When renowned film director Péter Gárdos wrote the story, he intended it as a film script, but eventually he made it into a novel. “Fever at Dawn,” the love story of two Holocaust survivors―the author’s parents―has ever since sold in more than 20 territories.
The diary of Miklós Radnóti’s wife is a disturbing read. It depicts the most important ten years of a life full of tragic turning points, from their marriage to Radnóti’s burial, and it does so with unsparing honesty.
I am sure that Teresa of Calcutta did not think that God has a religion. This is what those who consider themselves believers cannot forgive her, whereas radicals attacked her for administering the anointment of the sick to dying people they took home from the street.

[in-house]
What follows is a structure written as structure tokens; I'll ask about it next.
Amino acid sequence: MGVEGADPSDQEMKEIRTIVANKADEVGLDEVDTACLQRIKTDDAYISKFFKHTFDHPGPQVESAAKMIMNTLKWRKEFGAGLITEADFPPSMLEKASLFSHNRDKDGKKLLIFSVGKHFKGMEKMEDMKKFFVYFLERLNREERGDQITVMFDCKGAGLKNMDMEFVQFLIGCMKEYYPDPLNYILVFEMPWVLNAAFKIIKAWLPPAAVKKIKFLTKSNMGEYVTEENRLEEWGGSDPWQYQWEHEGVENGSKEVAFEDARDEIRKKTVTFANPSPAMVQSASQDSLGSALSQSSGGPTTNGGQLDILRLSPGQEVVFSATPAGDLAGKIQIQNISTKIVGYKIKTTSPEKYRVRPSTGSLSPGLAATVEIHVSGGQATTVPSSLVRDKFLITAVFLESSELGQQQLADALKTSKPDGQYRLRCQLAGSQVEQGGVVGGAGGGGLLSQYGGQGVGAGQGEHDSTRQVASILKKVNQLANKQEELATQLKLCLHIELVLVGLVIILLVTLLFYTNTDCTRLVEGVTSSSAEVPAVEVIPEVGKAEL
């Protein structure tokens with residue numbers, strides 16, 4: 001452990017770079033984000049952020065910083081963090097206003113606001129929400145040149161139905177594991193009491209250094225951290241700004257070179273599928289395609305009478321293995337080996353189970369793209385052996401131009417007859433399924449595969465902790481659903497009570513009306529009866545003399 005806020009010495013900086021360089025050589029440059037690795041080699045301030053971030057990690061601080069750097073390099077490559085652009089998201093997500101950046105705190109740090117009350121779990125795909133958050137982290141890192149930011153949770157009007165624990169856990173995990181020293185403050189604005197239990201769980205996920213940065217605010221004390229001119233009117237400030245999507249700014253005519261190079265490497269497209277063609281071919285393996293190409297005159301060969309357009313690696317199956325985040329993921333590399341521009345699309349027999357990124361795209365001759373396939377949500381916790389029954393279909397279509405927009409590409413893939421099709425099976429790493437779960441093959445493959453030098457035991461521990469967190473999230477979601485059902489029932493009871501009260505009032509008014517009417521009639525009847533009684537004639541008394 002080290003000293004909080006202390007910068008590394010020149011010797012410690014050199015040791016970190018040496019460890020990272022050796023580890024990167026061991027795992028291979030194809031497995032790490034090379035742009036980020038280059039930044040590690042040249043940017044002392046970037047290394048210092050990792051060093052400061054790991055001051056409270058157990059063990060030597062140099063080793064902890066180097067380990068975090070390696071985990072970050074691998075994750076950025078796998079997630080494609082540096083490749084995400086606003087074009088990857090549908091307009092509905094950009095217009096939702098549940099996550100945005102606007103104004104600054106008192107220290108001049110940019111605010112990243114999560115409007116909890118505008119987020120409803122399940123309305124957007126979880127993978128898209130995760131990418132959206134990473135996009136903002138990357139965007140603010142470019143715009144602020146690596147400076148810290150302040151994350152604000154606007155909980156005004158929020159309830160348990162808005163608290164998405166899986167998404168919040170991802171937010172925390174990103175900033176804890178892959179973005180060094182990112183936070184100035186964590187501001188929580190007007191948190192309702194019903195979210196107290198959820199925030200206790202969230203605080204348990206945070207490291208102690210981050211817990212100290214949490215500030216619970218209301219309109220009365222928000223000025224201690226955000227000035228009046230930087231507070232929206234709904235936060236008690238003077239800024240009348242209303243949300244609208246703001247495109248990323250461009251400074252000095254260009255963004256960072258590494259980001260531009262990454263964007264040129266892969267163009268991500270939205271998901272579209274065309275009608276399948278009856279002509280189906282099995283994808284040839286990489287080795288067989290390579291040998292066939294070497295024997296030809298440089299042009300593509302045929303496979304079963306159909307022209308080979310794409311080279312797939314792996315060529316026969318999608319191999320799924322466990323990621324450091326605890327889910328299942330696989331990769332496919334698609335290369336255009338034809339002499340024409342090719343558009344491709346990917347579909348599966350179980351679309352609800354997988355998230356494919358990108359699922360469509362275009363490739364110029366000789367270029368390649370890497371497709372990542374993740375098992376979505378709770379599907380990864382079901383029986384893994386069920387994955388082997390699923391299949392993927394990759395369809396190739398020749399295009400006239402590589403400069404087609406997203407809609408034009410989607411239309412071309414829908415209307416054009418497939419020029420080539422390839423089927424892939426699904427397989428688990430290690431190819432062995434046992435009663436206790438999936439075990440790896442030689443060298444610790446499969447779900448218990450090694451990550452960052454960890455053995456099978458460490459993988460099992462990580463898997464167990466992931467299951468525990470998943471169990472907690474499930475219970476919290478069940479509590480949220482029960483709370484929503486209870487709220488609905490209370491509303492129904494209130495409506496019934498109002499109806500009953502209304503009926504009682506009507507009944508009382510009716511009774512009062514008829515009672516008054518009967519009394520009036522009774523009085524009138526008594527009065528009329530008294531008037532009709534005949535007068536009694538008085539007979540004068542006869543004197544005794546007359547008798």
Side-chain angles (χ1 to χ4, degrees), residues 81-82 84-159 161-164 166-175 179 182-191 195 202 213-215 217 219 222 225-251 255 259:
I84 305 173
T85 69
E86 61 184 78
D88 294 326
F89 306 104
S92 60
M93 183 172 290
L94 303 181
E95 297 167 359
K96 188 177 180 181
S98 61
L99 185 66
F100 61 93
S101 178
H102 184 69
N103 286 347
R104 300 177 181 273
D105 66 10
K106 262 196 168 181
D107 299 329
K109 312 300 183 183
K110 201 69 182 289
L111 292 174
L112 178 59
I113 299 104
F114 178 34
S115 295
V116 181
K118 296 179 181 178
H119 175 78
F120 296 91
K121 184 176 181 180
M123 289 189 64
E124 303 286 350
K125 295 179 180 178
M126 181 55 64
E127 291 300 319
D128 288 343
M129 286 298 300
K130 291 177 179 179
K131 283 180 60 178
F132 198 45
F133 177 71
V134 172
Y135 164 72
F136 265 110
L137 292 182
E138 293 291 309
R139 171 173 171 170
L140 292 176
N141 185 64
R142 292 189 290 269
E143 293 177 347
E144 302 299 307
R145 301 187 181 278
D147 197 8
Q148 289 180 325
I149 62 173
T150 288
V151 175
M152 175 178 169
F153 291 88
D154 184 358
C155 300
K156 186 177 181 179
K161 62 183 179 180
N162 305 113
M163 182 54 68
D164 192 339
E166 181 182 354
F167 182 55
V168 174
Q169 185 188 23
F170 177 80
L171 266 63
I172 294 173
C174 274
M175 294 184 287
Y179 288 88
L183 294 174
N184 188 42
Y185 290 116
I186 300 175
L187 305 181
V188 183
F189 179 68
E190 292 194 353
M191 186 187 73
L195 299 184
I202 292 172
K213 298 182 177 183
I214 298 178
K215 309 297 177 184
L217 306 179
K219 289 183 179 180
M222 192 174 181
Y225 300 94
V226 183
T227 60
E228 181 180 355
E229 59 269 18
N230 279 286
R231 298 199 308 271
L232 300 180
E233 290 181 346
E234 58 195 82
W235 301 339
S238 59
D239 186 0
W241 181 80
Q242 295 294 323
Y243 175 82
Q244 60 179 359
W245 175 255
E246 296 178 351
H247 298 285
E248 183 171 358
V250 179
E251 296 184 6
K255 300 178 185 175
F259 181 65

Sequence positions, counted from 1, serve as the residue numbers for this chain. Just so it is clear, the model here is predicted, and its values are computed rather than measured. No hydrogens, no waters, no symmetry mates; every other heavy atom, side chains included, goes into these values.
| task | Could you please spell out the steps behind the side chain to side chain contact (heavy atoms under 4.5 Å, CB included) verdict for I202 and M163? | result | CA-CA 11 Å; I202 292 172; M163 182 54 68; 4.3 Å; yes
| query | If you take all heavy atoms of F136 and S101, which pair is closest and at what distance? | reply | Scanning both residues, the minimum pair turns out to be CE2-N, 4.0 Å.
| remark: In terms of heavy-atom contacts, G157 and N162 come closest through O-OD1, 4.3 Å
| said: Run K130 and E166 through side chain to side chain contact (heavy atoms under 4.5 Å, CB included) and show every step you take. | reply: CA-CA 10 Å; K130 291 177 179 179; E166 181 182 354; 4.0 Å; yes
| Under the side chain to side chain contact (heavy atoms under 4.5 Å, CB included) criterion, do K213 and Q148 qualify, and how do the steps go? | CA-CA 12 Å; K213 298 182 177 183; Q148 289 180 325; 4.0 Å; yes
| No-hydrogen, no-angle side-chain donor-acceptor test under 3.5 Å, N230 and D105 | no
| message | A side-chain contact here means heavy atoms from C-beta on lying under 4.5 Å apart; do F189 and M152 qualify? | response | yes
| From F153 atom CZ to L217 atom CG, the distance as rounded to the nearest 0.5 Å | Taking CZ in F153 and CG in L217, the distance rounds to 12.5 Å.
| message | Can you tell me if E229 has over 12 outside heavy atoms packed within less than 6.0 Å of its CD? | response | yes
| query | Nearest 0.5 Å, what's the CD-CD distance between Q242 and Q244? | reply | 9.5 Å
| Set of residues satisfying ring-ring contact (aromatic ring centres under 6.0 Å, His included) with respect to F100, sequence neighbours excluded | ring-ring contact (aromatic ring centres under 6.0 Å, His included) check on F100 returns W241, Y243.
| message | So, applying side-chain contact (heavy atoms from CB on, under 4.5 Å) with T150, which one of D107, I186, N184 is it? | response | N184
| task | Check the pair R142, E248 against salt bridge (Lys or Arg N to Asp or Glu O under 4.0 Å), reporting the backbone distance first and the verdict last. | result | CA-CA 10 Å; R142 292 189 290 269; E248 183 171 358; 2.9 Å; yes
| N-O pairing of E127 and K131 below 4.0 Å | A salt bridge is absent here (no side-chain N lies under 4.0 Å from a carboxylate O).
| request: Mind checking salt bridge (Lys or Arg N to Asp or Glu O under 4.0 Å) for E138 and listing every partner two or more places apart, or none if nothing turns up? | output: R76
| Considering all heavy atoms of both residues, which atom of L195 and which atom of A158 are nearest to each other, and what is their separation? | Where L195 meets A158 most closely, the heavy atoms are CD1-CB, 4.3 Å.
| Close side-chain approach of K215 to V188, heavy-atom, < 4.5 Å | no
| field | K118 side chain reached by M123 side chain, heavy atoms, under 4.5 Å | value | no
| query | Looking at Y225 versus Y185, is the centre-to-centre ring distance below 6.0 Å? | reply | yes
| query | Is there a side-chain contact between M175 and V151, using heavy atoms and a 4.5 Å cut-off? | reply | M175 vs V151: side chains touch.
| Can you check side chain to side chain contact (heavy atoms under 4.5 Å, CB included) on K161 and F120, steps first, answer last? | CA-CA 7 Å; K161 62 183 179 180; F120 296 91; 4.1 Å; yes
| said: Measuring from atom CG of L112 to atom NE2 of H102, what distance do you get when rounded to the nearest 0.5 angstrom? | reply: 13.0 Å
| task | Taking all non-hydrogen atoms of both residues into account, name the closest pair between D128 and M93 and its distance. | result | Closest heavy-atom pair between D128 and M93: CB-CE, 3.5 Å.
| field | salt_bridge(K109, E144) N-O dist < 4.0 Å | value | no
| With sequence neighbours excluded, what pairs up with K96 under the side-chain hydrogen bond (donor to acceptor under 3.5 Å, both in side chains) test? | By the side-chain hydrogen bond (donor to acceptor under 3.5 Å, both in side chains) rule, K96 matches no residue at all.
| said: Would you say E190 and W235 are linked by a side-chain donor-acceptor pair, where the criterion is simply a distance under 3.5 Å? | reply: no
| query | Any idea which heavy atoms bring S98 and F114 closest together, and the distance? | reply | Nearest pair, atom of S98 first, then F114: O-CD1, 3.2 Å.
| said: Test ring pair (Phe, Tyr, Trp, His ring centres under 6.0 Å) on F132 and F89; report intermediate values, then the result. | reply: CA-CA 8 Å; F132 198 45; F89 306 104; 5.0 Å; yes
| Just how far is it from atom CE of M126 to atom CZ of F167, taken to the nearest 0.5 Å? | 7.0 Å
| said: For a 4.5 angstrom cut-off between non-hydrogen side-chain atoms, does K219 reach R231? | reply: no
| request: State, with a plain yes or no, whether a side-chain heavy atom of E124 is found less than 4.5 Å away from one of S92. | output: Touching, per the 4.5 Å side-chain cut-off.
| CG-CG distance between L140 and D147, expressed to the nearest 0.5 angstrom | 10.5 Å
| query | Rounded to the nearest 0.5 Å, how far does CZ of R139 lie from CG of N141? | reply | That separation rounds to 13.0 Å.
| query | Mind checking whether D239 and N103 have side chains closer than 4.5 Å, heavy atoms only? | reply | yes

The Hungarian literary scene has only recently celebrated the 20th anniversary of the rebirth in 1986 of the notable literary periodical Újhold (New Moon), which originally existed between 1946-1948. This is an important anniversary for contemporary literature which found its roots in the New Moon generation.